Friday, 27 October 2017

APPROPRIATE BEHAVIOUR: Office politics, affairs of the heart create a magnetic mix in Mature Attraction

WORKING 9-TO-5: Drysdale, McFarlane, Crossgill and Hinds-Furzer play co-workers in the new comedy-drama.

Mature Attraction (Probemaster Entertainment)
Director: David Tulloch 
Cast: Dawnette Hinds-Furzer, David Crossgill, Sabrina Thomas, Shaun Drysdale, Ricardo McFarlane and Ackeem Poyser
Venue: The Blue Room, Phoenix Theatre, New Kingston

CAN’T we all just get along? Getting ahead in a tough work environment is not for the faint of heart. It’s survival of the fittest – and the smartest. Gloria Ellington (Dawnette Hinds-Furzer) learns this the hard way, having to grapple with the demands of her job as supervisor, hard-headed colleagues and the romantic yearnings of her soft heart.

She is the central character in Mature Attraction, a humorous, reasonably satisfying comedy-drama that dives head-first into office politics, affairs of the heart and the age factor. 

Penned by newcomer Kevin Jones and directed by David Tulloch, the play (set at a faming needs company), forces us to ponder how relationship dynamics in the workplace can ultimately determine rapport and personal growth. But it also highlights the fact that, in spite of the professional environment and the ethics that go along with it, we are only human with deep-seated urges, wants and needs.

With her portrayal of Gloria, Hinds-Furzer is superb at zoning in on an upstanding, respectable middle-aged woman’s dilemma. She wants to channel her efforts into the job and be a sterling leader for her colleagues. But how does she cope when her boss, Mr. Rogers (David Crossgill, very commanding) starts putting argument to her, creating an awkward, uncomfortable scenario?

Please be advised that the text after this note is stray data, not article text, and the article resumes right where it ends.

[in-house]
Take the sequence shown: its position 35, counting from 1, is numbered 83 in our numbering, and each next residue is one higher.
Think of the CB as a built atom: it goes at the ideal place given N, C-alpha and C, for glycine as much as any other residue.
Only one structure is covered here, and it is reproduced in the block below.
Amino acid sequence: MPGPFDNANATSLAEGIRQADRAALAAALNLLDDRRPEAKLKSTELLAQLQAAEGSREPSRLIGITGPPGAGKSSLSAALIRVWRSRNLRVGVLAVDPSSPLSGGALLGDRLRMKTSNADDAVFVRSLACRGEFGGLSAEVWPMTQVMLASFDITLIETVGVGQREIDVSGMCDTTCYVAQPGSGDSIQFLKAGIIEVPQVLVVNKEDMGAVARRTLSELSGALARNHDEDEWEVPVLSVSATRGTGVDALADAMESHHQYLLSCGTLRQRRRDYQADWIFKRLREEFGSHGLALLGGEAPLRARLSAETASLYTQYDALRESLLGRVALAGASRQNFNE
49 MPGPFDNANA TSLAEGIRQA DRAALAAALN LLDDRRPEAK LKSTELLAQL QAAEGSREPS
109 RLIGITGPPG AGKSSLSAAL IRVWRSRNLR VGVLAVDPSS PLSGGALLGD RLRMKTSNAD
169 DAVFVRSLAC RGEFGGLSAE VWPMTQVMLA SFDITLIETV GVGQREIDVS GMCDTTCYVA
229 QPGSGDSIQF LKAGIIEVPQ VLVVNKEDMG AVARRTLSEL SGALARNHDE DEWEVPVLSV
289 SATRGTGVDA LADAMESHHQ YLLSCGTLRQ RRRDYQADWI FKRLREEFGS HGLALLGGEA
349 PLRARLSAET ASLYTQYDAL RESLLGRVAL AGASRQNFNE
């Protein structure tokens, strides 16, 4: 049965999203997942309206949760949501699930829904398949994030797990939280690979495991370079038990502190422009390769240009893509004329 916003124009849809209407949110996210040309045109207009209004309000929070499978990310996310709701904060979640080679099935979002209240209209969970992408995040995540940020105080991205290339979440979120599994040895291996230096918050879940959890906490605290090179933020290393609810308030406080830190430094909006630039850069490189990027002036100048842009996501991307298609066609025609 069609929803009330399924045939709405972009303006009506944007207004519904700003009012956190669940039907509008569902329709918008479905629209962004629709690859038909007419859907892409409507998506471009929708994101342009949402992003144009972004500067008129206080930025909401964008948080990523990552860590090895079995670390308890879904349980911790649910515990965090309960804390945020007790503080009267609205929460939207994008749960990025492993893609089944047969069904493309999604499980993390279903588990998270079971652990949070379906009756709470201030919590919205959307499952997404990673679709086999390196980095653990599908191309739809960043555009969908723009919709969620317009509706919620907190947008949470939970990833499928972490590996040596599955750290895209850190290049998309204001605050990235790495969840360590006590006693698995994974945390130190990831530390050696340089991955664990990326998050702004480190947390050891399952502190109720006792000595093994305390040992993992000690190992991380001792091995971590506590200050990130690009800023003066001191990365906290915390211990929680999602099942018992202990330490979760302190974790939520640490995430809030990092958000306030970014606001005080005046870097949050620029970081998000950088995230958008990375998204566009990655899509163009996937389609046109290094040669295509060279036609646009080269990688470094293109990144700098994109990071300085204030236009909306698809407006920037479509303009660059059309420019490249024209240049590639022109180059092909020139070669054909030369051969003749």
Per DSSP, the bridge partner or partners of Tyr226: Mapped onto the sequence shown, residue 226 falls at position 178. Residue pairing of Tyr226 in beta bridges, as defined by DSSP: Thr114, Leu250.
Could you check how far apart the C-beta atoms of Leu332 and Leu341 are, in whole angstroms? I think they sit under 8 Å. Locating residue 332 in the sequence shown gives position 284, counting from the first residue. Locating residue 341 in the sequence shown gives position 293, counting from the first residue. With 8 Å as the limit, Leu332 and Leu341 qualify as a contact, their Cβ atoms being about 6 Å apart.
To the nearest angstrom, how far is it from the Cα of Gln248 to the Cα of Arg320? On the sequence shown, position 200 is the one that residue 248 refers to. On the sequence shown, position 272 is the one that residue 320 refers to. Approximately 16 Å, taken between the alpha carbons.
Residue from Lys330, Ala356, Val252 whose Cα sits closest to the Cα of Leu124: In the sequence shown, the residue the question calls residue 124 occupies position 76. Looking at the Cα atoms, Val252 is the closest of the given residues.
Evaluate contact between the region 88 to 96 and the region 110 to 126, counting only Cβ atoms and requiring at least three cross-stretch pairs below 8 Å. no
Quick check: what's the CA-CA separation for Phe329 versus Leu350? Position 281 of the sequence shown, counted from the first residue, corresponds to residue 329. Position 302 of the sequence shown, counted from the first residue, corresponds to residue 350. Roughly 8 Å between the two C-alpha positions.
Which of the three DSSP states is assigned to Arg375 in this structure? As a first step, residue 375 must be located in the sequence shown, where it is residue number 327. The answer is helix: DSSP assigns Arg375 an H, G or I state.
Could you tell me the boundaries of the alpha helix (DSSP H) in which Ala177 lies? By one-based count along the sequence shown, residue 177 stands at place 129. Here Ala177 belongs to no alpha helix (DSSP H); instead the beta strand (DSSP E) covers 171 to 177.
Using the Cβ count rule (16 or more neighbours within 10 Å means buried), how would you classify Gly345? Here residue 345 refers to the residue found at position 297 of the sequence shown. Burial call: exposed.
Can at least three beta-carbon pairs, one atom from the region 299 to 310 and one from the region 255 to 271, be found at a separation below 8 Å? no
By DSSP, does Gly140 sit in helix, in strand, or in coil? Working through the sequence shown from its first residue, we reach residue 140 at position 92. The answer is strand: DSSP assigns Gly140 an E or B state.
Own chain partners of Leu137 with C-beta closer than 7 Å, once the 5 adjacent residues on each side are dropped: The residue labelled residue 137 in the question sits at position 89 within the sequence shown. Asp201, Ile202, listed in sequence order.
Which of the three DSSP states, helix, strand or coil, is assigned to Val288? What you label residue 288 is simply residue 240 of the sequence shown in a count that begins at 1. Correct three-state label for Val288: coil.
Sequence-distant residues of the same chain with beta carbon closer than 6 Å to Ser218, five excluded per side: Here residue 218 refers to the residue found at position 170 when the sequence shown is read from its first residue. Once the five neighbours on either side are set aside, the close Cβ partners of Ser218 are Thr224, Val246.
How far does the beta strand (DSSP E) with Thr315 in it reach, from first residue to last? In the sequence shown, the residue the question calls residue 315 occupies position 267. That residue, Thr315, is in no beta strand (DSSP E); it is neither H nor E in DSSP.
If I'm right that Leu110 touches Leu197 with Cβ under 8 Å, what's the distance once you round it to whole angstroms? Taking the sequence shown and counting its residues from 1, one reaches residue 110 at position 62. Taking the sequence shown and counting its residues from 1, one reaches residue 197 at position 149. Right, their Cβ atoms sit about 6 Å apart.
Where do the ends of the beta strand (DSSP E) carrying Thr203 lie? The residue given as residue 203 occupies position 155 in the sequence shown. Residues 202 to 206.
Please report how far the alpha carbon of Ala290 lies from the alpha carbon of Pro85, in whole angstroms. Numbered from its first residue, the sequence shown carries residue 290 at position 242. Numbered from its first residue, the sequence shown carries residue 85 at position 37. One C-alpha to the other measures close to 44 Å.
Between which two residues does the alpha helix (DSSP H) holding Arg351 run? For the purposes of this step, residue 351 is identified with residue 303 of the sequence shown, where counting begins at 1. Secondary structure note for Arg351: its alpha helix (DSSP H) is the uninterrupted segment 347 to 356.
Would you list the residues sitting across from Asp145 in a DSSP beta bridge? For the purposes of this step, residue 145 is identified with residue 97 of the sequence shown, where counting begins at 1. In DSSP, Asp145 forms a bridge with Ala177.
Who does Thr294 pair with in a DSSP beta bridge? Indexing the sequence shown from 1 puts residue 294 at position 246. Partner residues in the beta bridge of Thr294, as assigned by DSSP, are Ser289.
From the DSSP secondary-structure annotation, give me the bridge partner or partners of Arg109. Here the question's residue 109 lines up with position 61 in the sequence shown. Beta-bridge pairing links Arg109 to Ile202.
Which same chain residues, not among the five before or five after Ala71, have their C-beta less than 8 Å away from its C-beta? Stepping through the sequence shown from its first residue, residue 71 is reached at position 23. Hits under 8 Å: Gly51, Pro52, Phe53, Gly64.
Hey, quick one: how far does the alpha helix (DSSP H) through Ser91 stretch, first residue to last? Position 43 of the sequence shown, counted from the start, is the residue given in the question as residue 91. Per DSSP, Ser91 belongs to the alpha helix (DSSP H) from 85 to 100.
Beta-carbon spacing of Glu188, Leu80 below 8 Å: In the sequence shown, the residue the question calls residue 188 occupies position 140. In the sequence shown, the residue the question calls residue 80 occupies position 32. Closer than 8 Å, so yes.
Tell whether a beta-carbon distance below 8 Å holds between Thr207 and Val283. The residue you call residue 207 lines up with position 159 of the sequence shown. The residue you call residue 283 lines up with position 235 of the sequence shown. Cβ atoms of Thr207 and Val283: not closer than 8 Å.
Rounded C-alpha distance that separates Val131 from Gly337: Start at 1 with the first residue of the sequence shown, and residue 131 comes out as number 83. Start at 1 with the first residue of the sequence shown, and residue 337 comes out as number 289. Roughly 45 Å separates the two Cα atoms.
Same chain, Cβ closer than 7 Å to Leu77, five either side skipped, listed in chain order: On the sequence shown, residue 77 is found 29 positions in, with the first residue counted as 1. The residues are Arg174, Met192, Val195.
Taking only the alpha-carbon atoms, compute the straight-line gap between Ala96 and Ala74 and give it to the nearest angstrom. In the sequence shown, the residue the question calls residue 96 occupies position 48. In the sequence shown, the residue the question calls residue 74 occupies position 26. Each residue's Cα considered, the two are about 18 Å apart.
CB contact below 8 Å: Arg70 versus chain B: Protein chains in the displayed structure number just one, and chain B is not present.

When a new office manager, the strikingly young and attractive Keith Cole (Ricardo McFarlane), joins the team, he too starts putting the moves on Gloria. Poor Gloria. As you can imagine, Mr. Rogers is green with envy, red with rage, when romance starts to blossom between his two workers. You know the fireworks are only a few scenes away. 
The rest of the cast is just as ‘fascinating.’ Sabrina Thomas, showing increasing versatility as she builds a body of work, steps into the role of hot-to-trot receptionist Vanessa who, sadly, favours sex appeal over brain power. In spite of her obvious shortcomings, physically challenged handyman Dwight (Ackeem Poyser), who works in storage, has made her the apple of his eye. Dwight is drawn to Vanessa like magnet to steel, but he’s frequently getting into scrapes with the others, who he says grudge him for his “looks and street smarts.” 

Meanwhile, Shaun Drysdale plays nerdy accountant Reggie, who is a tad suspicious. Is he the one behind the mysterious disappearance of several cheques from the office files? 

All in all, it’s a feasible plot that’s sufficiently hefty on the meat. Jones is a promising writer who clearly had fun crafting these colourful folks. If only we could have had a bit more backstory on the characters to better understand their motivations. Still, Jones finds an ideal collaborator in Tulloch who, as a seasoned director of ensembles, knows how to bring out full-of-life performances from his cast. 

At the same time, the humour is ample and nicely balances the dramatic tension. Lighting and set design get respectable grades. 

As Gloria’s story emphasizes, the office can be a minefield to be navigated with the utmost vigilance and precision. You want to safeguard your job but sometimes it’s your heart that needs protection. Tyrone’s Verdict: B






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